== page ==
an artwork created by Emma Smith, commissioned by Tideway, 2018
About the artwork:
Emma Smith created a collaged 2D visual garden for the hoarding at Chelsea Embankment, using plants selected by the Chelsea Pensioners. Residing at the Royal Hospital Chelsea (RHC), the Chelsea Pensioners are retired soldiers of the British Army, whose iconic and distinct scarlet uniform marks a 300-year tradition and is instantly recognisable at the parades, special visits and events they attend.
The plants evoke memories and stories of place for the Pensioners and, wherever possible, Smith photographed the actual plants they referenced, as well as features, from the RHC grounds; a Grade I and II listed site founded by King Charles II. There are also a small selection of other plants that have a historic connection with the site, discovered through Smith’s research in the grounds and RHC archive.
Behind the plants lie personal stories: the places and people that have been important to the Pensioners and the plants that remind them. For Arthur Currie, sunflowers recall his experience of kindness during service in the Gulf War: “I was the first In-Pensioner who fought in the Gulf War. In the lead-up, strangers sent things out to us, out of kindness. In one of the letters was a packet of sunflower seeds with soil. I got an ammunition box and used some of my valuable water supply to grow sunflowers in the desert. I even had them on the tanks. Some grew as high as 3ft!”
The metaphor of the plant is at the heart of human relationships – of having roots – the important connections that often lie invisible beneath the surface. A strong metaphor also for the Thames Tideway Tunnel, which will remain mostly unseen while improving biodiversity and life for all above.
Travelling from left to right, the hoarding is divided into scaled sections representing the layers of subsoil being dug through to make the Thames Tideway Tunnel. The Tunnel will go through clay in the west, mixed sands and gravels in the central region and chalk in the east, each of which requires a different type of Tunnel Boring Machine. In Because, each new soil type is marked by a stone feature. Imagining each of these subterranean soil types as a base to a garden top-soil, the plants are positioned according to where they would grow best. The approach and attention to detail is the same as that given to a live 3D garden, whilst being deliberately fantastical.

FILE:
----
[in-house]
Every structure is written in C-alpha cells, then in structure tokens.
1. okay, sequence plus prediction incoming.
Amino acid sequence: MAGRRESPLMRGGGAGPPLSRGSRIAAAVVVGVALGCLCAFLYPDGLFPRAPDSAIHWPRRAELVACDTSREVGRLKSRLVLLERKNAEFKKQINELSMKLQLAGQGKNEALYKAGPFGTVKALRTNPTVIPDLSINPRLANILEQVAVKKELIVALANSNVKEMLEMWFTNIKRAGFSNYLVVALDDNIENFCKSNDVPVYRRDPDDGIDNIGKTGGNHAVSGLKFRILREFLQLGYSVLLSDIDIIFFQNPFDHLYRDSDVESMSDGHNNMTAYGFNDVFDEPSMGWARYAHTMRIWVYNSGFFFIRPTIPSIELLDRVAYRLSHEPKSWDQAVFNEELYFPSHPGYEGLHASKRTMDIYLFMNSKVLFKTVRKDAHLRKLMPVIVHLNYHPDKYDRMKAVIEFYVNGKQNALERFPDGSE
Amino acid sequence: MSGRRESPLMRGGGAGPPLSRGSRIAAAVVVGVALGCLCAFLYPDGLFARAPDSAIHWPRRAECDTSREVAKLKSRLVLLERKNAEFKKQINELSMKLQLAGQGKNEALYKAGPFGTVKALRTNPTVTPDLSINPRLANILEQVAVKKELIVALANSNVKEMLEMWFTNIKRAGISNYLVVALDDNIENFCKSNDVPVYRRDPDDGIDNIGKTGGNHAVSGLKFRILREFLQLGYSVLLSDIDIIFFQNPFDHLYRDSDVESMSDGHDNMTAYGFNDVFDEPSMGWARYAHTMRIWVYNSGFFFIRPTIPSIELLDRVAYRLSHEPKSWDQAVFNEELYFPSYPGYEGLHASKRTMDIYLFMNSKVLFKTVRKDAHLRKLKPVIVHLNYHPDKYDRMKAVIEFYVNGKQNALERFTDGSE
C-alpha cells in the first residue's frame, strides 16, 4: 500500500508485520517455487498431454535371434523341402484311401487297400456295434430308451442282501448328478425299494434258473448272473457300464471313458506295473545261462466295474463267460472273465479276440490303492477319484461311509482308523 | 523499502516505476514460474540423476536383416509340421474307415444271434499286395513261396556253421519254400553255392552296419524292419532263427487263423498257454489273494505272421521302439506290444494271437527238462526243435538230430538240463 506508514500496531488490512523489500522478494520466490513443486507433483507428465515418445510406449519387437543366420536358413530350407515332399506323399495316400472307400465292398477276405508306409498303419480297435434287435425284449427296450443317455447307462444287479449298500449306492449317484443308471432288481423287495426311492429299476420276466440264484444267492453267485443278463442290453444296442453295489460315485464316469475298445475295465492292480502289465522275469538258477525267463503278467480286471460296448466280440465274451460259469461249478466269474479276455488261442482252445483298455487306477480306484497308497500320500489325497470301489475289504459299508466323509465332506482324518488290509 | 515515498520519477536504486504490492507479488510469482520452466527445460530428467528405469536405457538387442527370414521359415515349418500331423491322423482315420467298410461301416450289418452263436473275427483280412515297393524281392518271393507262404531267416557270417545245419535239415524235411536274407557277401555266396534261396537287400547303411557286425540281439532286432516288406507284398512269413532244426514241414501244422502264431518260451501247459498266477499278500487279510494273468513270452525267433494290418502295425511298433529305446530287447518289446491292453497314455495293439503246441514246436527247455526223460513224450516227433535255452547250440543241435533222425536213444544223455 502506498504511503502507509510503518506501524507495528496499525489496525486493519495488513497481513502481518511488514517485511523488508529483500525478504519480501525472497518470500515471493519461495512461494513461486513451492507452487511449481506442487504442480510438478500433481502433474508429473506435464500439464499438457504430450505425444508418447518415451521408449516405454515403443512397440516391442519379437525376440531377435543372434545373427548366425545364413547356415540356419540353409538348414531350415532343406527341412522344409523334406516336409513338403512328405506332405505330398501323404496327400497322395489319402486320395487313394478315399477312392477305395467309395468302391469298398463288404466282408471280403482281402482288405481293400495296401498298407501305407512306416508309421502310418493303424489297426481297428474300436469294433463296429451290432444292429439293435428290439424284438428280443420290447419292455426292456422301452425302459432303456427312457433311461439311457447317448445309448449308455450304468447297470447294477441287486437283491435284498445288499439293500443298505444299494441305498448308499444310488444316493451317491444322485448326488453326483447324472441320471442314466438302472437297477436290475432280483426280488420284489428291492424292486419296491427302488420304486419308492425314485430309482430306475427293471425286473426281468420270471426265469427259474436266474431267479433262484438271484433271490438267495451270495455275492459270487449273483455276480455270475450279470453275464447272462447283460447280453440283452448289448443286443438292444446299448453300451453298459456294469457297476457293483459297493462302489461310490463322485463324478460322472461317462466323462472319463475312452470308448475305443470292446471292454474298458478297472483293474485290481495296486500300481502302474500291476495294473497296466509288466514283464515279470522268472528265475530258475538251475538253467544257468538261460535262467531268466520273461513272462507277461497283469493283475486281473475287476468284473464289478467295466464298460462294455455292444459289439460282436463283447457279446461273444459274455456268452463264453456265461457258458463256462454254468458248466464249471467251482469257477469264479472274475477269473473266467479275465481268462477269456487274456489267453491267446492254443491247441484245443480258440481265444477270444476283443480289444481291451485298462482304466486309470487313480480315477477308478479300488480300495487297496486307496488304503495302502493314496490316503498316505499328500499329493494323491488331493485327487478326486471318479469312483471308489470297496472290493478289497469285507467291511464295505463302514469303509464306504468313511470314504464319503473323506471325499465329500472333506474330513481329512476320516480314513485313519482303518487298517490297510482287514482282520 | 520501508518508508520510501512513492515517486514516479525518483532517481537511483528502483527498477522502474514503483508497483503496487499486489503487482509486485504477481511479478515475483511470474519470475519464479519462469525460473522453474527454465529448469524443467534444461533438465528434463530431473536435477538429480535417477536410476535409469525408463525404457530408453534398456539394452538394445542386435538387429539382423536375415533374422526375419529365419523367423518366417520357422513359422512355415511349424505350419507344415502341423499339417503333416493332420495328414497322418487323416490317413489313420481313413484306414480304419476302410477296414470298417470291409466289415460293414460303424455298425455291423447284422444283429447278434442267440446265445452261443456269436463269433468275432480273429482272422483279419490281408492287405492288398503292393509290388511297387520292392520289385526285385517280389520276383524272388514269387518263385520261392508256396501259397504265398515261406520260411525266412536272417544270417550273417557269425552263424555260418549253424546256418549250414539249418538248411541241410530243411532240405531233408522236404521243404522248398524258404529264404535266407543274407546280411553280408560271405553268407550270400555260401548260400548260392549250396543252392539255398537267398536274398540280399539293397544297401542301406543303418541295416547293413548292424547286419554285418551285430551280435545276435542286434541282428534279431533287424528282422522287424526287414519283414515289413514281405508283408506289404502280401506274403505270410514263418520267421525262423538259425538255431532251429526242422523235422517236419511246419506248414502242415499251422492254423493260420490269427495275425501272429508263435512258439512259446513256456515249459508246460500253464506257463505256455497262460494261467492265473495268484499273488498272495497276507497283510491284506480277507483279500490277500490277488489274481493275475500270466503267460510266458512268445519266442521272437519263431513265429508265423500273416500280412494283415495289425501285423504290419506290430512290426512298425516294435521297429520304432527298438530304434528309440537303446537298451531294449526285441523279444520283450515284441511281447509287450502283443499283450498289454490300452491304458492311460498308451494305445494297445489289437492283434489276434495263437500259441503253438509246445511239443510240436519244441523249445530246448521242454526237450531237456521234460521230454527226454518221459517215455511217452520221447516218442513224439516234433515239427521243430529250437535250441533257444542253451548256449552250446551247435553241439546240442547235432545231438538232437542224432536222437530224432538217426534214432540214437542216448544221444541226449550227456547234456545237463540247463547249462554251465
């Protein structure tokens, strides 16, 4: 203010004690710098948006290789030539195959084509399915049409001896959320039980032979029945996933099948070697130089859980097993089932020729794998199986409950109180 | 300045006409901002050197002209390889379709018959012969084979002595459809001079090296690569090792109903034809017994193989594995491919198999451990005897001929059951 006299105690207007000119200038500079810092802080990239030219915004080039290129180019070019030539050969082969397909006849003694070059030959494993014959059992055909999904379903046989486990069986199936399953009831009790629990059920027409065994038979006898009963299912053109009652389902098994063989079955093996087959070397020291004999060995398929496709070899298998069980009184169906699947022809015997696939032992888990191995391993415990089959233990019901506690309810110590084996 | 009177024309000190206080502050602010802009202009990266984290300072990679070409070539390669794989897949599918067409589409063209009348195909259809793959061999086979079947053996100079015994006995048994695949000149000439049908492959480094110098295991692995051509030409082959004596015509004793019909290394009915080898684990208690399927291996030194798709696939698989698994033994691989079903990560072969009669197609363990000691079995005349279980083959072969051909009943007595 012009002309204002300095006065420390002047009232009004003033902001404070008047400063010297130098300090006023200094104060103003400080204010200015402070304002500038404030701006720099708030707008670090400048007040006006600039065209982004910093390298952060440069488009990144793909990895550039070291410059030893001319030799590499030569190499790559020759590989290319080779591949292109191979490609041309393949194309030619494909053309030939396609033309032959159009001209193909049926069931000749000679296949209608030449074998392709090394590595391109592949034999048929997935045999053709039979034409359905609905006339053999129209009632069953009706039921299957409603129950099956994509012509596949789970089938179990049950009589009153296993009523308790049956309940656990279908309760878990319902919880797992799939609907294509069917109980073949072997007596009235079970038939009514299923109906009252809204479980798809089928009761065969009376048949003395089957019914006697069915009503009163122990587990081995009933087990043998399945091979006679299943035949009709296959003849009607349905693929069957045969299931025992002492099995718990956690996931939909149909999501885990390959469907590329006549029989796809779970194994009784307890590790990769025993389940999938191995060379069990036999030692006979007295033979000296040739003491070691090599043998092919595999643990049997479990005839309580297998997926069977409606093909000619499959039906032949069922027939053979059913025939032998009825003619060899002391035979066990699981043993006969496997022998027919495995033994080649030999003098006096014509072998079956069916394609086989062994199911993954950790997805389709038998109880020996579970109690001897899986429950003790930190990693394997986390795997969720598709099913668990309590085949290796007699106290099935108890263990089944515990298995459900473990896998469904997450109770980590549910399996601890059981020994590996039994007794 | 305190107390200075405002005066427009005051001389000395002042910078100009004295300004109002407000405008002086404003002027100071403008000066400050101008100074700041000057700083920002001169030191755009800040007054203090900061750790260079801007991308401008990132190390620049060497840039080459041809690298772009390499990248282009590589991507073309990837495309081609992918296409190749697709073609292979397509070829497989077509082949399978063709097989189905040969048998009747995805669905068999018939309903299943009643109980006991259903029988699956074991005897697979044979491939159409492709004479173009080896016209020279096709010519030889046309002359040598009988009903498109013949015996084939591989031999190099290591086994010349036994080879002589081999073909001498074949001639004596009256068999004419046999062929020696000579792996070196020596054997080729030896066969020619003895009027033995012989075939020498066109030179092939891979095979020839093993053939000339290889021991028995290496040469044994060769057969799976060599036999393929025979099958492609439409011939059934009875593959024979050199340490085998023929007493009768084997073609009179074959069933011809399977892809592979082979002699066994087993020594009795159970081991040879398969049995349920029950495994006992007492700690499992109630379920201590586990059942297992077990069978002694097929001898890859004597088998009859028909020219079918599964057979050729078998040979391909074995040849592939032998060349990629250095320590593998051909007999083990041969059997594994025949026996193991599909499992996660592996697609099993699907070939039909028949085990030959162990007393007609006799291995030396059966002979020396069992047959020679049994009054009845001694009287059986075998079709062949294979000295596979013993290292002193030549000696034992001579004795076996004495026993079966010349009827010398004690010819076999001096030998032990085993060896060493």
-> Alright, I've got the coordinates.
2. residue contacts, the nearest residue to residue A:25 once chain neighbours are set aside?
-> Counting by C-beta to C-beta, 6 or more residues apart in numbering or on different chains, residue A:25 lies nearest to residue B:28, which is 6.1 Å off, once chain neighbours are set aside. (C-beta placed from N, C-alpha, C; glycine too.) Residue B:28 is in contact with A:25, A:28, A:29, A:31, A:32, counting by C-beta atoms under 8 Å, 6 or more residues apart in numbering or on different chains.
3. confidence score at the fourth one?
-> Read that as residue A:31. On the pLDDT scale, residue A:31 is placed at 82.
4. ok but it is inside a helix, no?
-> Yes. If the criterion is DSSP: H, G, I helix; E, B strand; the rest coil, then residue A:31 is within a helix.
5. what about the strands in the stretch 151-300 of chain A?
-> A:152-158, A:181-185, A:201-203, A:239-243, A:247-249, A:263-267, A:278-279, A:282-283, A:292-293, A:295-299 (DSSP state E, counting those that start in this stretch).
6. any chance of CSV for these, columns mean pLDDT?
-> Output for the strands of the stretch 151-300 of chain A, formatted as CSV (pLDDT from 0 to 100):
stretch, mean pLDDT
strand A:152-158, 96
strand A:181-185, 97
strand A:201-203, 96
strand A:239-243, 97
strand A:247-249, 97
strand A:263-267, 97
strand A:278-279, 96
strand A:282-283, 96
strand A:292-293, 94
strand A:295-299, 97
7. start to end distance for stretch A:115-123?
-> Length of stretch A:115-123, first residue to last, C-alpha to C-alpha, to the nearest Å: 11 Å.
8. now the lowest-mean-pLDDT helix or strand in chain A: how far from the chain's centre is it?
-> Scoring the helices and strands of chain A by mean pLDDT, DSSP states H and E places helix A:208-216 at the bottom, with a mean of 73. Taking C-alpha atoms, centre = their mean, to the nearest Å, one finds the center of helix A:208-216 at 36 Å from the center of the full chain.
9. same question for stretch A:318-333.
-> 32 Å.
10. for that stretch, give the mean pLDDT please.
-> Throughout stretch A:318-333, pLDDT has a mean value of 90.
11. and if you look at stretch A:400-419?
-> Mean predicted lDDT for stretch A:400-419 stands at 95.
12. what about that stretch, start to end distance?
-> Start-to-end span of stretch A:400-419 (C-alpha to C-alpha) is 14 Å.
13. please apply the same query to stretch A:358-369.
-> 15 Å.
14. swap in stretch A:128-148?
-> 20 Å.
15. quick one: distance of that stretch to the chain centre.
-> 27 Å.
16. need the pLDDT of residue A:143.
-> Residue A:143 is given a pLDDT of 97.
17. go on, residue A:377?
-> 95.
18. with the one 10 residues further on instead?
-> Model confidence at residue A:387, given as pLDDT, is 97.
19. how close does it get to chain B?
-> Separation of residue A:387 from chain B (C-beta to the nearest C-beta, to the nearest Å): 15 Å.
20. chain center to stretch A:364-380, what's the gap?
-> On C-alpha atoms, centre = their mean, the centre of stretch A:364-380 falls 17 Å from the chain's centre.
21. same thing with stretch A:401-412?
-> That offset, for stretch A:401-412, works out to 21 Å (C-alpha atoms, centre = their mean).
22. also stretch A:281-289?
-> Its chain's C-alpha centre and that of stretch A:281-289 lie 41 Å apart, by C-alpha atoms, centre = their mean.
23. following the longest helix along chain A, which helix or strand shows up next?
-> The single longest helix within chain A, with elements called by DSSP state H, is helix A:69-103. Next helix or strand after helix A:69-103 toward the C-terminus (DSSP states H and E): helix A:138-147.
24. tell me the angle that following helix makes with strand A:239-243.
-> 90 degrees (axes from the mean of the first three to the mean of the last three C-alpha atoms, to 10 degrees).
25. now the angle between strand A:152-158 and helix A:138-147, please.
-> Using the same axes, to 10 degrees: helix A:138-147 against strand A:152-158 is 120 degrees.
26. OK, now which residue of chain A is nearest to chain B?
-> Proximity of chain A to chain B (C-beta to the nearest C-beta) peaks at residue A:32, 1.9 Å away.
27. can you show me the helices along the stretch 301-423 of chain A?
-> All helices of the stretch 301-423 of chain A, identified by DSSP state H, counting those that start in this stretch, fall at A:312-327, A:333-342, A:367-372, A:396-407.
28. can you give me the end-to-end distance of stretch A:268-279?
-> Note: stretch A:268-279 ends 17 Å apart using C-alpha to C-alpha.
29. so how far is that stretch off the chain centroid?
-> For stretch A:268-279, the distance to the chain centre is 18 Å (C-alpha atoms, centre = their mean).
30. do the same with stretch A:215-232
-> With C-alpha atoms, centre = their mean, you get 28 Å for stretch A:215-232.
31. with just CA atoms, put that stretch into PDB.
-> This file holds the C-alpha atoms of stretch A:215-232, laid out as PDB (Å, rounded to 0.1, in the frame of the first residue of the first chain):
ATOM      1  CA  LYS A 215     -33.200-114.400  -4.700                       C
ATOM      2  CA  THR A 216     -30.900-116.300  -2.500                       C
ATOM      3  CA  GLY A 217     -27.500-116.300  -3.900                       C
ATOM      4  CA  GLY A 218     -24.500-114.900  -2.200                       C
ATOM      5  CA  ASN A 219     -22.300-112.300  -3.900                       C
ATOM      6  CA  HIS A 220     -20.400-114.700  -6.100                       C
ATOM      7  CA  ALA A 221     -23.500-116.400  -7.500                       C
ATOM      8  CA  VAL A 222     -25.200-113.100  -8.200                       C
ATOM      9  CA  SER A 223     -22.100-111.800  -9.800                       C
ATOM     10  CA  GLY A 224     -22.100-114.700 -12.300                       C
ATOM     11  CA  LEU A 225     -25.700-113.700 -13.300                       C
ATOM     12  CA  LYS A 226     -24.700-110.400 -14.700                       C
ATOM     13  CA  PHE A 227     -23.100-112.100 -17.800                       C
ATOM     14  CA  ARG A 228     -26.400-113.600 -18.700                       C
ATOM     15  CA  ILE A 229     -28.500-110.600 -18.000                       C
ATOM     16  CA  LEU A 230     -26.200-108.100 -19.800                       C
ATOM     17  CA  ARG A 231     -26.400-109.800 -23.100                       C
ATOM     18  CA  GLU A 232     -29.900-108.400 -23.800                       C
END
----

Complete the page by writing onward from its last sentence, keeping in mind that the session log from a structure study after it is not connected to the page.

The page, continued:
This area is renowned and loved for its parks and gardens: RHC South Grounds and their hosting of the Chelsea Flower Show, Chelsea Physic Garden, Battersea Park, Ranelagh Gardens, and mature vegetation along Chelsea Embankment itself. Smith’s artwork creates a new form of temporary garden for the Embankment, and its abundance of plants encourages us to evoke our own memories and associations to place.
The Pensioners were invited to see a sneak preview of the artwork in May, prior to its installation, and to hear more from Smith about how she had developed the work and had woven in their suggestions. One of the Pensioners commented “It’s absolutely beautiful. Flowers and plants are like music – even if it’s from a long time ago, it evokes the meaning of when you first heard it. [Because] is like that.”
The artist has said: "It has been a real pleasure working with the pensioners at the Royal Hospital Chelsea and to learn of their stories, memories and interests that have been so generously contributed to this project. I would like to thank everyone involved and will cherish the stories shared with me through this work."